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Embed code for: Intro to Computer - Handouts_1.1
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Introduction to Computers know the basics. What is a computer, types of programs and software.
What is a computer?/ There are many kinds of computers designed to do many different things. The most popular type of computer - and the one we will be discussing here - is the personal computer or PC. A computer is really just a tool that lets you do something. What you can do is determined by the type of computer you're using and what actions it allows you to take.
A personal computer is designed usually with a single person in mind, and that person is known as a user. Different personal computers exist because users wish to do different things. A user uses a computer to do different things, such as typing a letter or accessing the Internet.
Software A personal computer has something installed on it called software. Software allows a computer to do different things. A computer needs software to be of use to people.
The most common type of software found on any personal computer is the operating system, which provides a user interface and some basic commands so users can actually do something on a computer. Almost every operating system these days has what is called a graphical user interface, which display programs in their own areas on the screen called windows.
Microsoft Windows is the most popular operating system, but other systems, such as Linux and Macintosh, perform similarly and even allow you to use several programs at the same time. This is why such operating systems are said to be capable of multitasking: they can do more than one task at a time.
Types of Programs When we speak of specific software we use the term program in reference to some unique process, game, utility, or action we want the computer to execute. Programs contain instructions that the computer follows. Examples of programs include word processors, web browsers, and games, such as the ever-popular Solitaire game.
While some computers, when you buy them, come with a certain amount of software, each computer will have different programs. Some will have a word processor, such as Microsoft Word, whereas another computer might only have an operating system, such as Microsoft Windows, and some basic programs.
Additional programs can be purchased and installed on a personal computer as needed. An accountant would want a program called a spreadsheet, which allows you to work creatively with numbers in columns and rows. Almost everyone needs a word processor to type and print things such as letters and book reports. If you are thinking about buying a computer, be sure it comes with or will support the kinds of things you would like to do.
The Desktop The desktop is the area on your screen which contains pictures of programs that may be used on that computer. These small pictures are called icons. When you move the arrow on the screen over the icon (using the input device next to the keyboard called a mouse), clicking on that icon (usually twice with the left mouse button) brings up that program.
As every computer has different programs, desktops will look different from computer to computer. Some users might have a custom background graphic behind the icons, such as the popular picture of clouds, which comes with Microsoft Windows. These are merely cosmetic differences. Linux and Macintosh users will notice some minor differences between their graphical user interface and Microsoft Windows.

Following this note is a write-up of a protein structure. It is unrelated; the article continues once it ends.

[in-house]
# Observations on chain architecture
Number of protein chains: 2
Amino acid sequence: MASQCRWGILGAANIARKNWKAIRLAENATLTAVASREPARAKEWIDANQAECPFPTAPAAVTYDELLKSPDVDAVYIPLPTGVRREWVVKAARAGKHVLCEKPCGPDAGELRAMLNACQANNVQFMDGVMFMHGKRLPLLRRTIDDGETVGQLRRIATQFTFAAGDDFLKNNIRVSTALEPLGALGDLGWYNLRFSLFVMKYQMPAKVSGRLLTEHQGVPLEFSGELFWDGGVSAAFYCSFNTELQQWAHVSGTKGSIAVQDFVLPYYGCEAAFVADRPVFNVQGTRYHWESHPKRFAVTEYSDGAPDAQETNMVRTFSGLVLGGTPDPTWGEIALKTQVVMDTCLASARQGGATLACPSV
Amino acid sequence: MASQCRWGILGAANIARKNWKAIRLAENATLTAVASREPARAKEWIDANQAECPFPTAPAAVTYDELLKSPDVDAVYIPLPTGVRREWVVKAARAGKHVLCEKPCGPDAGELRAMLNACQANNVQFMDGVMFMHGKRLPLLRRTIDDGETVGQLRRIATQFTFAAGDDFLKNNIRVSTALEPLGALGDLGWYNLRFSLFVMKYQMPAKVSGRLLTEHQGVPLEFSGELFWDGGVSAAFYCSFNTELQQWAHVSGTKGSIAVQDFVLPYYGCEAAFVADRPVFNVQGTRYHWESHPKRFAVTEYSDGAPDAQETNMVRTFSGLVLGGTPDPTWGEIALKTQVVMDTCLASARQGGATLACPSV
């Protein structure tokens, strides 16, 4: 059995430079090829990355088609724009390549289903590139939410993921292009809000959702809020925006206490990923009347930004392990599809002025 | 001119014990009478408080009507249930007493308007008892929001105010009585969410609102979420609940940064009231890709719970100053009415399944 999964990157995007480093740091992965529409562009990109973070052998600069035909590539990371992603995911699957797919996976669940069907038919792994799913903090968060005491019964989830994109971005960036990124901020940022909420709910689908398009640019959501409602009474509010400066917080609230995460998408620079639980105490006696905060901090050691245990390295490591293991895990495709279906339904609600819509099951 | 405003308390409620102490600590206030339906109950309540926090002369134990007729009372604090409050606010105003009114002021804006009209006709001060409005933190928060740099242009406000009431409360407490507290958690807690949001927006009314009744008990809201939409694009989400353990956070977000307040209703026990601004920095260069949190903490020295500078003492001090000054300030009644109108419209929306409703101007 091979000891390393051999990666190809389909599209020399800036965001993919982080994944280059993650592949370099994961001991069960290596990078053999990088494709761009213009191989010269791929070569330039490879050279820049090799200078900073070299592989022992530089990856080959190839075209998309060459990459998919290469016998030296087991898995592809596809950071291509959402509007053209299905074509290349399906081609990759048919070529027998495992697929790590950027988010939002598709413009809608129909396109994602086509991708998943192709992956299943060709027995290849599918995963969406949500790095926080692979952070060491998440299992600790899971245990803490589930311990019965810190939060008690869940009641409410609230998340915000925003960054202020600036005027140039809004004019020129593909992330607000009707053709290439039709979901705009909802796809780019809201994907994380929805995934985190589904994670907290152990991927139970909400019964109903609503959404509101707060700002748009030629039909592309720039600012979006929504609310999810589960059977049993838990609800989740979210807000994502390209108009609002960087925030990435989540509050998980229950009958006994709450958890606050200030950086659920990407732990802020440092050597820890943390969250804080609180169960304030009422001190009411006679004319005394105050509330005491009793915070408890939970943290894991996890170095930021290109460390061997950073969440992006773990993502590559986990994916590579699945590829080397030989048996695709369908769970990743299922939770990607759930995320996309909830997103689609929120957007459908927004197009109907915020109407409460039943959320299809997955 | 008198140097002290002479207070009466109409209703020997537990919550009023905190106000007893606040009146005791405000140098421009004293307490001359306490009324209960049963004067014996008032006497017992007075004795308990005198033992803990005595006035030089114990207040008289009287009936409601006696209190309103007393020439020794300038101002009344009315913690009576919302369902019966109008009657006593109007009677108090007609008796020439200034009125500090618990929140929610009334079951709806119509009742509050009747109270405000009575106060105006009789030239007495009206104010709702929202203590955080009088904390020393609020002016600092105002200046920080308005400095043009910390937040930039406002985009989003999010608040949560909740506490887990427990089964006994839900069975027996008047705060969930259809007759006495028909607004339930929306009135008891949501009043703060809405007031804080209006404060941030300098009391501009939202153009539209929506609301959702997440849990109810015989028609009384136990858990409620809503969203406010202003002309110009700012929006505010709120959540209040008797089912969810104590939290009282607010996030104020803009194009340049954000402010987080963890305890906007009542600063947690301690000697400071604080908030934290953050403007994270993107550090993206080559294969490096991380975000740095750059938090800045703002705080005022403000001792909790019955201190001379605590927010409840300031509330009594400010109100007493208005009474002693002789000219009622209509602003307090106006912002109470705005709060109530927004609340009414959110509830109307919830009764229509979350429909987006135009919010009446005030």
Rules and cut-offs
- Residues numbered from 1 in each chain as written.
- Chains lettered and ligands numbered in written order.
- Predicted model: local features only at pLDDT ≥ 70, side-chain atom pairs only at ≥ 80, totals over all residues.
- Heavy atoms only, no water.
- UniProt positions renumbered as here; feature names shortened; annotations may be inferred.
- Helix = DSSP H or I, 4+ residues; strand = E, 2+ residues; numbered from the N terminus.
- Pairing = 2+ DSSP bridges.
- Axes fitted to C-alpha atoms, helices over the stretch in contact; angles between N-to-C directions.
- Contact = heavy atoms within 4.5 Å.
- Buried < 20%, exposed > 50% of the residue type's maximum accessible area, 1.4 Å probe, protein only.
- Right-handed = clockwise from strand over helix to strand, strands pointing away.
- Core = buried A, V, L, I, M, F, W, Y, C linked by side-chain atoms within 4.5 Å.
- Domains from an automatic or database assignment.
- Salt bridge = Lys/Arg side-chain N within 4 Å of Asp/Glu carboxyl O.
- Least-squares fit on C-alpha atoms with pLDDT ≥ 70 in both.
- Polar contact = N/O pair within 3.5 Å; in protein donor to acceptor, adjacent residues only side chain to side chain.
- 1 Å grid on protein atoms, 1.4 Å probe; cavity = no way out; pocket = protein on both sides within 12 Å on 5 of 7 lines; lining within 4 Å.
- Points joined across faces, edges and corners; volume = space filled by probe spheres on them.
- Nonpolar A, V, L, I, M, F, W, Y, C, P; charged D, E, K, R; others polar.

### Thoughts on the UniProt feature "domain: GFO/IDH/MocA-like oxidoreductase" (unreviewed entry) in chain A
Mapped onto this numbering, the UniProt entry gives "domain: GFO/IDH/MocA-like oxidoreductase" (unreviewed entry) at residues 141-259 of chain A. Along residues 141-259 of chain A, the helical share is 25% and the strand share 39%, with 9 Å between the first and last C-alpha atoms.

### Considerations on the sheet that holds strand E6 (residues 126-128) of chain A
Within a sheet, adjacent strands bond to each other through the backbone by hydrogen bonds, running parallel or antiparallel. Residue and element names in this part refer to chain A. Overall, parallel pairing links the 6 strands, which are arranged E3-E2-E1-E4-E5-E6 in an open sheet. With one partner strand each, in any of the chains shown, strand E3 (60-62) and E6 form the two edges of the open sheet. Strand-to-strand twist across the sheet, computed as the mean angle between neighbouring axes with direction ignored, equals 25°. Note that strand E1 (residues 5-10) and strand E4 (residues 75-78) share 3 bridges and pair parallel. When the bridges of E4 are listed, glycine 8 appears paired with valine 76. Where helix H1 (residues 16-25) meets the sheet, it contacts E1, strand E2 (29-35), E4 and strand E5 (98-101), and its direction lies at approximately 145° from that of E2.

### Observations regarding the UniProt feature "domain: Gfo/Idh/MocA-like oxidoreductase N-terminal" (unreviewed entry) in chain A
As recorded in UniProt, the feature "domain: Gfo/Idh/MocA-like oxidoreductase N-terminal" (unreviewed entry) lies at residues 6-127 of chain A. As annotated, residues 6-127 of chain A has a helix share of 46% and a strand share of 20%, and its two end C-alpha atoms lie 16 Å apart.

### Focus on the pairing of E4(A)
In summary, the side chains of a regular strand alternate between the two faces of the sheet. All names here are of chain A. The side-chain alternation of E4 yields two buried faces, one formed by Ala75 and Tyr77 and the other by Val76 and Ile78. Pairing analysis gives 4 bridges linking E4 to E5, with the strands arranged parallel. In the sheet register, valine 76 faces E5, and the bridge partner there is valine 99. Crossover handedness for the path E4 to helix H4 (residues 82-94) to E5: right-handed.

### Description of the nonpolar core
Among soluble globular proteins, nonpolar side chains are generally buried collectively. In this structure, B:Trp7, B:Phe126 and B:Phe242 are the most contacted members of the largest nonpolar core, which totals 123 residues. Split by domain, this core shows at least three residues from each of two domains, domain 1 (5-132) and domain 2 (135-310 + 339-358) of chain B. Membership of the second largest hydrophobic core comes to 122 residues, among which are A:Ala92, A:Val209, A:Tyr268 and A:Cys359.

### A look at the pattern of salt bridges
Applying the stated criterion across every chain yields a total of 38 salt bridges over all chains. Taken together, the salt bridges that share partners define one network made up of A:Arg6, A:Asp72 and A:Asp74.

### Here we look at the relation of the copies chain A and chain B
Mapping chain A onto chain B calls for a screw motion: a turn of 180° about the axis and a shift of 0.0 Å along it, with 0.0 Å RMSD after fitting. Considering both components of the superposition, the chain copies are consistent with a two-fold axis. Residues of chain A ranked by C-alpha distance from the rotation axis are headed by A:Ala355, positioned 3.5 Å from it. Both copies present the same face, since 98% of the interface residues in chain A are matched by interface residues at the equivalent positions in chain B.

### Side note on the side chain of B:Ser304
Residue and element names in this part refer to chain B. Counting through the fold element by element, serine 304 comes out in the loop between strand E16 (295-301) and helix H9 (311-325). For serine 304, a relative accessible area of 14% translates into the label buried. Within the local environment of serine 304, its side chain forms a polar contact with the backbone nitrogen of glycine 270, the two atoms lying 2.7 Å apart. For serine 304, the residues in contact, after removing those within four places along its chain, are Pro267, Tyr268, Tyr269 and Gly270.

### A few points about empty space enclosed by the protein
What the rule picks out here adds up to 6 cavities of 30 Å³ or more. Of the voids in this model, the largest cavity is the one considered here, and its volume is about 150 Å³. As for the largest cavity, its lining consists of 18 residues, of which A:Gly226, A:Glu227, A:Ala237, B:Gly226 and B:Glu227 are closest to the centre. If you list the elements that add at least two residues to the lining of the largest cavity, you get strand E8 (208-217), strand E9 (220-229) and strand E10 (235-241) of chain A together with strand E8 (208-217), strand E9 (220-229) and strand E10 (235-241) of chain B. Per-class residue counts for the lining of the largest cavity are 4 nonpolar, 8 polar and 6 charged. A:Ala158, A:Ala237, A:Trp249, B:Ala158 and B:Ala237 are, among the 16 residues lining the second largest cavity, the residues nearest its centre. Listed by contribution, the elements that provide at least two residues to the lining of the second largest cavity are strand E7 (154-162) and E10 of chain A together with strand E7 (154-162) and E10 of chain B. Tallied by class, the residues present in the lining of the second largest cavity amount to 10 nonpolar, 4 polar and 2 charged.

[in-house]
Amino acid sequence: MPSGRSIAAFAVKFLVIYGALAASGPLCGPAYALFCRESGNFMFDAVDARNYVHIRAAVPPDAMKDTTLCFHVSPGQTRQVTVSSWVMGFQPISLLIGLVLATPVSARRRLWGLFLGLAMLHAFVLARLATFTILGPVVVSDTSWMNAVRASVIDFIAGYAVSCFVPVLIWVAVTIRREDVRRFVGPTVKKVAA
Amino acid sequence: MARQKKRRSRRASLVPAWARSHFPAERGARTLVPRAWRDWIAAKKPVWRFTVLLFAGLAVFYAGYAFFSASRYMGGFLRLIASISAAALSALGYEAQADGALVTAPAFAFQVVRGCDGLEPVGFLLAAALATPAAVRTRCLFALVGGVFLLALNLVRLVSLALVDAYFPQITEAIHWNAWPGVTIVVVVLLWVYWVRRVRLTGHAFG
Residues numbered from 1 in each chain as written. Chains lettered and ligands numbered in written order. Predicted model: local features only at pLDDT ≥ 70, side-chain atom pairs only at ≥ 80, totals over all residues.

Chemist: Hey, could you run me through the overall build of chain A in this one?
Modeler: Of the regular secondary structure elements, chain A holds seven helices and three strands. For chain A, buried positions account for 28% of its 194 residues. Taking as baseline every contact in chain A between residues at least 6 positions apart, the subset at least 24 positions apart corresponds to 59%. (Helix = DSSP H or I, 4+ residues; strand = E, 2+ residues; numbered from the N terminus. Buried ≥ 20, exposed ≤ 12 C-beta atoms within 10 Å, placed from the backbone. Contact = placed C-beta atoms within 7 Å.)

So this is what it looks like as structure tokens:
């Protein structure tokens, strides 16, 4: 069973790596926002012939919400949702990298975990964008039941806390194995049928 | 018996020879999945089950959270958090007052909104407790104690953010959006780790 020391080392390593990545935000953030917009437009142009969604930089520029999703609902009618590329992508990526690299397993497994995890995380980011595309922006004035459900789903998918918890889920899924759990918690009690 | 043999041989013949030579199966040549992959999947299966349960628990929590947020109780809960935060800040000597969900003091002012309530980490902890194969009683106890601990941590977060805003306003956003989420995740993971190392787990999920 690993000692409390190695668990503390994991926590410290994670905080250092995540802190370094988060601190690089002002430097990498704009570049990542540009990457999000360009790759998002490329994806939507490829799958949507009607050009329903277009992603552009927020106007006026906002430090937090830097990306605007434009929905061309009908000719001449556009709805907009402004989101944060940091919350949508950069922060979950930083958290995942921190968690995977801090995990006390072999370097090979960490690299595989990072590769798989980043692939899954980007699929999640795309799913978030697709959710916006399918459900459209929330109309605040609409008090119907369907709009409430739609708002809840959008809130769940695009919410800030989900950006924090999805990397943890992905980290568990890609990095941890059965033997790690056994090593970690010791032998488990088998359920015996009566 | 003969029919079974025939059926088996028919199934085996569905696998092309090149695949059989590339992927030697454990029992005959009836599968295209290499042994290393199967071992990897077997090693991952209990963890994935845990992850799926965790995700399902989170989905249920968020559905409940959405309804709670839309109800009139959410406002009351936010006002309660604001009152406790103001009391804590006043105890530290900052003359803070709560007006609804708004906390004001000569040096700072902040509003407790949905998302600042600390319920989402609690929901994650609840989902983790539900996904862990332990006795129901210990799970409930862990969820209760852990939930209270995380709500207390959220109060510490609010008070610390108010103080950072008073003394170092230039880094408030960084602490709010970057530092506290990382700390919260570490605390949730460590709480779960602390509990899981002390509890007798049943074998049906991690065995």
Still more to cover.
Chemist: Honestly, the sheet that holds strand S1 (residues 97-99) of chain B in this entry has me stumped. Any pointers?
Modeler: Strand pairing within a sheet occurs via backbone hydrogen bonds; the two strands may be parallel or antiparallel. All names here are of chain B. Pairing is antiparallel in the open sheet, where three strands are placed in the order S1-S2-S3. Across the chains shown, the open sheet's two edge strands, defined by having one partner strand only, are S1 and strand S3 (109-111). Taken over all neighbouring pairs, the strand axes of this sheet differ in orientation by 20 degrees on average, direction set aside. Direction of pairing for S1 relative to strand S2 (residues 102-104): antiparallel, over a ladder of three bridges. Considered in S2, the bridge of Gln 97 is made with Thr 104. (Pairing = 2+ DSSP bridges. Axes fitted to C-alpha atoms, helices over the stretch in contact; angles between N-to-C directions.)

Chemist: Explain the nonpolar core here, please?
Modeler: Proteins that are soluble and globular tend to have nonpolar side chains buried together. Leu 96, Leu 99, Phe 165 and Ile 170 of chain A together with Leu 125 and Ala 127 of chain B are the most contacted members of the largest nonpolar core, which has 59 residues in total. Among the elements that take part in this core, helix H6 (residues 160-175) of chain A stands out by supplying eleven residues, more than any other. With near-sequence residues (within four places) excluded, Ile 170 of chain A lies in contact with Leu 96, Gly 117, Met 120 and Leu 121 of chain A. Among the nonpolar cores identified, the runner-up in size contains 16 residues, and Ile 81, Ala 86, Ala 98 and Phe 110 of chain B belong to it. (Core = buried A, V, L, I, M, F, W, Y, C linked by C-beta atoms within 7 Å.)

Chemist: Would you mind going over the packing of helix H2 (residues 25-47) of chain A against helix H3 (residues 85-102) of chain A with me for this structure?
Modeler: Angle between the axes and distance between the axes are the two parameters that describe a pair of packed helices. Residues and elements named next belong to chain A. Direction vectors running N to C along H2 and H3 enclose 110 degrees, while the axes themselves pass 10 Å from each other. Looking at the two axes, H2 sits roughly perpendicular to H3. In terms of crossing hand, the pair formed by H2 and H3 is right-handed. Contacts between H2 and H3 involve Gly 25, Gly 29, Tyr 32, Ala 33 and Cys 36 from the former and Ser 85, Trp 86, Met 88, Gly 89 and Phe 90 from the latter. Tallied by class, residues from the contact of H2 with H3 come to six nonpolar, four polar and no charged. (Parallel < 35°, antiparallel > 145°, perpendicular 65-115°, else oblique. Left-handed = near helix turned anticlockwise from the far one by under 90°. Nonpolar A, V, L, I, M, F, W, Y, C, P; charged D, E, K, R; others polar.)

Public, school, or business computers might restrict access to the desktop: you might see only a few icons, or you might not see any icons at all. Instead you might see a menu item which you select options from using a mouse. While things will look different, the concept of clicking on a program or menu to initiate an action is consistent across all graphical user interfaces.
The Keyboard The keyboard resembles a typewriter keyboard, but that's where the similarities end: the computer keyboard contains a number of special keys, which, when pressed individually or together, produce different results in different programs.
Most personal computer keyboards contain function keys (e.g. F1, F2, F3...). These keys may or may not have any affect in certain programs. Pressing one key in one program may produce an entirely different result (or nothing at all) in another program. You must always be mindful of what keys you press.
If you intend on typing documents in a word processor, you will need to familiarize yourself with the cursor keys: these are the four up/down/left/right arrows on the right lower half of the keyboard. They move the blinking vertical line on the screen called a cursor when you are in a program, such as a word processor, that lets you type something.
The Backspace and Delete keys are very important: they let you correct and edit words you've typed. The Enter key (called "Return" on some keyboards) is used to start a new line in a word processor or to initiate action in other programs. Other keys to watch for include the Escape (ESC) key (this often allows you to cancel or back out of an action in a program) and the Control (CTRL) key, which is used with other keys to activate special options in a program. actually do something on a computer. Almost every operating system these days has what is called a graphical user interface, which display programs in their own areas on the screen called windows.
Most personal computer keyboards contain function keys (e.g. F1, F2, F3...). These keys may or may not have any affect in certain